With the realization that SE is not simply a passive carrier of ZIKV, but rather significantly inhibits infection rates in vitro, animal studies are urgently needed to determine the antiviral efficacy of SE on vaginal or rectal ZIKV infection, in order to better predict whether SE is likely to play a role in preventing sexual ZIKV transmission in humans. Another intriguing question is whether ZIKV is capable of acquiring resistance against the inhibitory factor(s) in SE that may increase the frequency of sexual transmission to a level allowing spread of this human pathogen in areas where no mosquitoes are present. Finally, it would be of interest to evaluate whether SE may exert similar effects on other flavi- or arthropod-borne viruses. Our results presented here show that SE also restricts DENV and WNV infection. Sexual transmission of hepatitis C virus is an extremely infrequent event73 and has never been recorded for Dengue, West Nile, yellow fever, or Chikungunya virus, although these viruses may be shed into SE of infected individuals74,75,76. Clarifying whether SE has a broad-based anti-flavivirus activity may help explain why certain pathogens are typically not, or only very infrequently, transmitted via sexual intercourse.

Methods

Cell and tissue culture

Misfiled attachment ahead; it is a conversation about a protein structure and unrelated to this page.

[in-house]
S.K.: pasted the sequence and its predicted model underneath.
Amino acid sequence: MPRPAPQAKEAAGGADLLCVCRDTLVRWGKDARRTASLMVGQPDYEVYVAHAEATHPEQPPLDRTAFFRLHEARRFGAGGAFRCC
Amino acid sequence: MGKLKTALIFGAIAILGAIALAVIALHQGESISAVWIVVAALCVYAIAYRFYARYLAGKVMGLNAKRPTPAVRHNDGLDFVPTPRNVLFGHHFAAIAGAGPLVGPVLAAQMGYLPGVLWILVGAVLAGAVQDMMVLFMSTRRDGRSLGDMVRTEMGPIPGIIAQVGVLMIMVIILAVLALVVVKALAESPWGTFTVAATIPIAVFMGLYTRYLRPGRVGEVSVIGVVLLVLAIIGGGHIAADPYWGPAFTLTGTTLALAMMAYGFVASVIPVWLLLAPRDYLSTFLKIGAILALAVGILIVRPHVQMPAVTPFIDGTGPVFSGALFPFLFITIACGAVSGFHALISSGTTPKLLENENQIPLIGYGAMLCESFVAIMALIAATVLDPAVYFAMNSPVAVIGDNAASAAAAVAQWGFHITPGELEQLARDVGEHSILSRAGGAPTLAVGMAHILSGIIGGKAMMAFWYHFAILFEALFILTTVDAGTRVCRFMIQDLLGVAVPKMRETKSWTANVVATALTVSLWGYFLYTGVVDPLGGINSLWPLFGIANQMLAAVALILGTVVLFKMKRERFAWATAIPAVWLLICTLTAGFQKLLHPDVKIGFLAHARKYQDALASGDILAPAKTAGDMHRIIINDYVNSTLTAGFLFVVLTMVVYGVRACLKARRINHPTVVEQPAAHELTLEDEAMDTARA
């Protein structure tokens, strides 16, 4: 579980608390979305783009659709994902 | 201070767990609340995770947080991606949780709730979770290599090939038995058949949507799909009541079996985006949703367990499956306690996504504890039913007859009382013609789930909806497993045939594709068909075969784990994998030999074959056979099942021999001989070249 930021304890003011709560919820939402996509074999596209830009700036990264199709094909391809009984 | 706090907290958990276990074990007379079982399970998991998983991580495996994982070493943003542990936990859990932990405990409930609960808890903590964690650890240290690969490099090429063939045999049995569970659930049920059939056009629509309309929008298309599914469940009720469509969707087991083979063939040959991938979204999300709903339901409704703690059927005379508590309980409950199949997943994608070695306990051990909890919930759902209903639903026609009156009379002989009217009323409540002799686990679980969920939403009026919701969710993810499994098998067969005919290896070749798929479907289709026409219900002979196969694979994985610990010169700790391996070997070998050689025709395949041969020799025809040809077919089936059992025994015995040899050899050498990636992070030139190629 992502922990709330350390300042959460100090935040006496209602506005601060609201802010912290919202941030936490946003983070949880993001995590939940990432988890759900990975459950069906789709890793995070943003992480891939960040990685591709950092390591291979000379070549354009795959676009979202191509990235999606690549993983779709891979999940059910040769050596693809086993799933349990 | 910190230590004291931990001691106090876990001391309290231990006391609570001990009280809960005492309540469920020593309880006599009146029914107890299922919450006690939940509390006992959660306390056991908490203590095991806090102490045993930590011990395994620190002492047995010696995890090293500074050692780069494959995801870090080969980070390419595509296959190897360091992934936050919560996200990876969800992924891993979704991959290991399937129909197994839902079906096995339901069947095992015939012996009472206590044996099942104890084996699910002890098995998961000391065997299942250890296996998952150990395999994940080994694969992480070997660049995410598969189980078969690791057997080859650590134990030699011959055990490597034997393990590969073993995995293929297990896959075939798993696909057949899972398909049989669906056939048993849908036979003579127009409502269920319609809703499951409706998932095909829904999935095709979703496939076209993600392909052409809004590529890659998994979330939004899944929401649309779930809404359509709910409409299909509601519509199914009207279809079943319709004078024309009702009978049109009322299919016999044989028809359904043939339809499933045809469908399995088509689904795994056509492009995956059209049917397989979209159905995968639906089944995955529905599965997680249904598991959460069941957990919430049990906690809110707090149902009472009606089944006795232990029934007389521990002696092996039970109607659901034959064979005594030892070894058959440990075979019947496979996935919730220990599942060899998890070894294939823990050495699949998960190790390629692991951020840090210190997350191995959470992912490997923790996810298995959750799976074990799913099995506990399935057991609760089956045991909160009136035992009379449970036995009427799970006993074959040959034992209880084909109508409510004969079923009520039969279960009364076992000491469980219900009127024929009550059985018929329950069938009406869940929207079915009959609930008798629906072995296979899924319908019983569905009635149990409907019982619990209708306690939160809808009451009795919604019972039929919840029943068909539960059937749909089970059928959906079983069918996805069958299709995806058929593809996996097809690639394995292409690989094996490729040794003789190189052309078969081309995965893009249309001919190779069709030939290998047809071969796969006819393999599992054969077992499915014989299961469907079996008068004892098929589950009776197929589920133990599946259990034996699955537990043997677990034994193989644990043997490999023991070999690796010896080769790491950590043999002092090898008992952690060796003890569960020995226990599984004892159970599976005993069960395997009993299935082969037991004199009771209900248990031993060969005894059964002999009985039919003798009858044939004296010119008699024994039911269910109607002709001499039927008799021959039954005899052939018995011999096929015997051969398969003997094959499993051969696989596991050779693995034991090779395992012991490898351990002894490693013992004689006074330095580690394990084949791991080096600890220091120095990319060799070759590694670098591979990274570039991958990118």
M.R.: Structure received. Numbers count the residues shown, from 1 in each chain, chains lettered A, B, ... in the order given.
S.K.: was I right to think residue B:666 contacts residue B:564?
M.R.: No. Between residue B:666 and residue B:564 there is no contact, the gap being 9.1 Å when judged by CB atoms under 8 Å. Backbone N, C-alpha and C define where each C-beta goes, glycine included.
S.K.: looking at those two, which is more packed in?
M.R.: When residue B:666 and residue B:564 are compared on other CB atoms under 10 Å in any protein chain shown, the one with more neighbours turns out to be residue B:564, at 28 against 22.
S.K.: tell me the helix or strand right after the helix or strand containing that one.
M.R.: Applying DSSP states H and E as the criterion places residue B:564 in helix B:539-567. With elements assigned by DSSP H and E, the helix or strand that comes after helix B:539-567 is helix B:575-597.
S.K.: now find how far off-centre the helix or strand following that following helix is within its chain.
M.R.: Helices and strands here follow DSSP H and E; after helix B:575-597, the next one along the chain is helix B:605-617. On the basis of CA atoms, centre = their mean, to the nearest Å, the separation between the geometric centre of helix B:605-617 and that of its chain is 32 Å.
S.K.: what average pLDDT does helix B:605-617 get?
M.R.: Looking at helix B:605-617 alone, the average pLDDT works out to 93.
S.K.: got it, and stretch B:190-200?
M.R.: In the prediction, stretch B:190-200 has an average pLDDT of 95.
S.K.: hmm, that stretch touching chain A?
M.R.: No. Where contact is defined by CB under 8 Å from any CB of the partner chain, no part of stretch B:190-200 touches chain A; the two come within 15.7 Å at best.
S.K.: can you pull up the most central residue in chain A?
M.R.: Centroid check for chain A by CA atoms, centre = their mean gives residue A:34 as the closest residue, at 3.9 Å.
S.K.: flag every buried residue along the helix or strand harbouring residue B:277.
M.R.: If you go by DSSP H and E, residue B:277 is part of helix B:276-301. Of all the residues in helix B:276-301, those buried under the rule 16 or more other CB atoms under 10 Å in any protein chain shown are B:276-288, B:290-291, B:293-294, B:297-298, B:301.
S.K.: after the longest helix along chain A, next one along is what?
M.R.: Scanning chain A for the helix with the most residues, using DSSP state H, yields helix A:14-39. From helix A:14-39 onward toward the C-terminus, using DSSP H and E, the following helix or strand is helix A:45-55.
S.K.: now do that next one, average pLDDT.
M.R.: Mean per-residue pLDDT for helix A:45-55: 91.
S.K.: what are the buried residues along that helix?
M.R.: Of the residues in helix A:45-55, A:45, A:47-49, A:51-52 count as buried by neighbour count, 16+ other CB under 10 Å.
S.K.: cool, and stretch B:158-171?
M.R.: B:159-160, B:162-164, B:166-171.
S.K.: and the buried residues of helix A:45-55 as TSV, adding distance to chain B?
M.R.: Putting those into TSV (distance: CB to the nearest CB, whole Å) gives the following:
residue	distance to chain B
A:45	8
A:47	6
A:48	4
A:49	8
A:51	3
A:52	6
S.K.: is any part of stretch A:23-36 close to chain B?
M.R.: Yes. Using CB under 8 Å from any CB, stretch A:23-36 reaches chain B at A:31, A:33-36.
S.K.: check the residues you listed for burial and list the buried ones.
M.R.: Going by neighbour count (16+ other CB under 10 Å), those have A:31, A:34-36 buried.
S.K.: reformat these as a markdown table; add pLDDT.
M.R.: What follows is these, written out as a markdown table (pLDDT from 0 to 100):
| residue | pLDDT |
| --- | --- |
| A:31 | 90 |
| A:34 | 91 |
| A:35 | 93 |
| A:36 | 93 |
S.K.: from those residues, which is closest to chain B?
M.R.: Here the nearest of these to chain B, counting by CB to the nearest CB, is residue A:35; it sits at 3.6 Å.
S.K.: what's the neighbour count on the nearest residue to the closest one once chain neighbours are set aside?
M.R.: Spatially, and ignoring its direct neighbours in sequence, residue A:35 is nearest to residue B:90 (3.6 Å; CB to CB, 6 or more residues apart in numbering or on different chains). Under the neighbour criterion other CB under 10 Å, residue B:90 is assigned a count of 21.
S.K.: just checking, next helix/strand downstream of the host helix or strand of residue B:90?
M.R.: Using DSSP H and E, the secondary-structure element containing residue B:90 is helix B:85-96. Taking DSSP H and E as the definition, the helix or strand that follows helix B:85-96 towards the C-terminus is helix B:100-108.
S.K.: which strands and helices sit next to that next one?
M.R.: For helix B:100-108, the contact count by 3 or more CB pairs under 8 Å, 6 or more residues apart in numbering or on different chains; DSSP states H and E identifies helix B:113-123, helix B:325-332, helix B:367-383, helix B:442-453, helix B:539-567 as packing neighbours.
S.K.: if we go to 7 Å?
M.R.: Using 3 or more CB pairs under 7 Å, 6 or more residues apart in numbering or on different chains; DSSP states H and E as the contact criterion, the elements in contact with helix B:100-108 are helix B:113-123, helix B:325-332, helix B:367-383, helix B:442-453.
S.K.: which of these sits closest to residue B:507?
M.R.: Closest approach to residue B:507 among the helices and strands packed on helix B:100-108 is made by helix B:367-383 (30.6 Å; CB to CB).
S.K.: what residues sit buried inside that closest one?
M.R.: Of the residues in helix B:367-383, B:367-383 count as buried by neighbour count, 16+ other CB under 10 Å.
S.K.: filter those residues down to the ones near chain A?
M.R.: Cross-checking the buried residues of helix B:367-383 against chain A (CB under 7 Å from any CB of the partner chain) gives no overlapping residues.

Vero E6 (Cercopithecus aethiops-derived epithelial kidney) (ATCC, CRL-1586) cells were grown in Dulbecco’s modified Eagle’s medium (DMEM) supplemented with 2.5% inactivated fetal calf serum (FCS), 2 mM L-glutamine, 100 units/ml penicillin, 100 µg/ml streptomycin, 1 mM sodium pyruvate, and non-essential amino acids (Sigma #M7145). HeLa (human epithelial cervix carcinoma) (ATCC, CCL-2), TZM-bl (HeLa-based HIV-1 reporter) (ARRRP, 8129), and SKOV3 (human epithelial ovary carcinoma) cells (ATCC, HTB-77) were grown in DMEM supplemented with 10% FCS, 2 mM L-glutamine, 100 units/ml penicillin, and 100 µg/ml streptomycin. Huh-7 (differentiated hepatocyte-derived carcinoma) cells (authenticated by SNP profiling at Multiplexion) were grown in DMEM supplemented with 10% FCS, 100 units/ml penicillin, 100 µg/ml streptomycin, and non-essential amino acids. SW480 (human epithelial colon carcinoma) (ATCC, CCL-228) and OVCAR-3 (human epithelial ovary carcinoma) cells (ATCC, HTB-161) were grown in RPMI-1640 supplemented with 10% FCS, 2 mM L-glutamine, 100 units/ml penicillin, and 100 µg/ml streptomycin. HFFs were isolated from tissue samples that were residuals from routine procedures and obtained anonymized after written informed consent of the parents in agreement with articles 21 and 23 of the recommendations of the council of Europe (2006). HFFs were grown in minimal essential medium (MEM) supplemented with, 2 mM L-glutamine, 10% FCS and non-essential amino acids, 100 units/ml penicillin, and 100 µg/ml streptomycin. T84 (human epithelial colon carcinoma) cells (ATCC, CRL-248) were grown in a 1:1 mixture of Ham’s F12 medium and DMEM supplemented with 2 mM L-glutamine, 5% FCS, 100 units/ml penicillin, and 100 µg/ml streptomycin. Primary human eSFs were obtained from the Cooperative Human Tissue Network (CHTN) (IRB # 14-15361) and isolated and cultured as described (http://www.bio-protocol.org/e1623)77 in SCM medium consisting of 67.5% DMEM with 1 mM sodium pyruvate, 22.5% MCDB-105, 5 µg/ml insulin, 10% FCS, 100 units/ml penicillin, and 100 µg/ml streptomycin. C6/36 (Aedes albopictus) mosquito cells (ECACC, 89051705) were grown in Leibovitz L-15 medium (Gibco) supplemented with 10% FCS, 100 units/ml penicillin, 100 µg/ml streptomycin, and 10 mM 4-(2-hydroxyethyl)-1-piperazineethanesulfonic acid. Blocks cut from surgically removed tissue of cervix and vagina of pelvic organ prolapse patients who gave informed consent (approved by the ethics committee of Ulm University) were cultured in extracellular medium (ECM) consisting of RPMI with 15% FCS, 2 mM L-glutamine, 1 mM sodium pyruvate, non-essential amino acids, 100 units/ml penicillin, 100 µg/ml streptomycin, 100 µg/ml gentamicin, and 25 µg/ml Amphotericin B. All experiments in the presence of SE and SP were performed in the presence of 100 µg/ml gentamicin to prevent bacterial outgrowth. Mosquito cells were cultured at 28 °C and human and monkey cells and tissues were cultured at 37 °C in a 5% CO2 humidified incubator. All cell lines were regularly tested for mycoplasma contamination.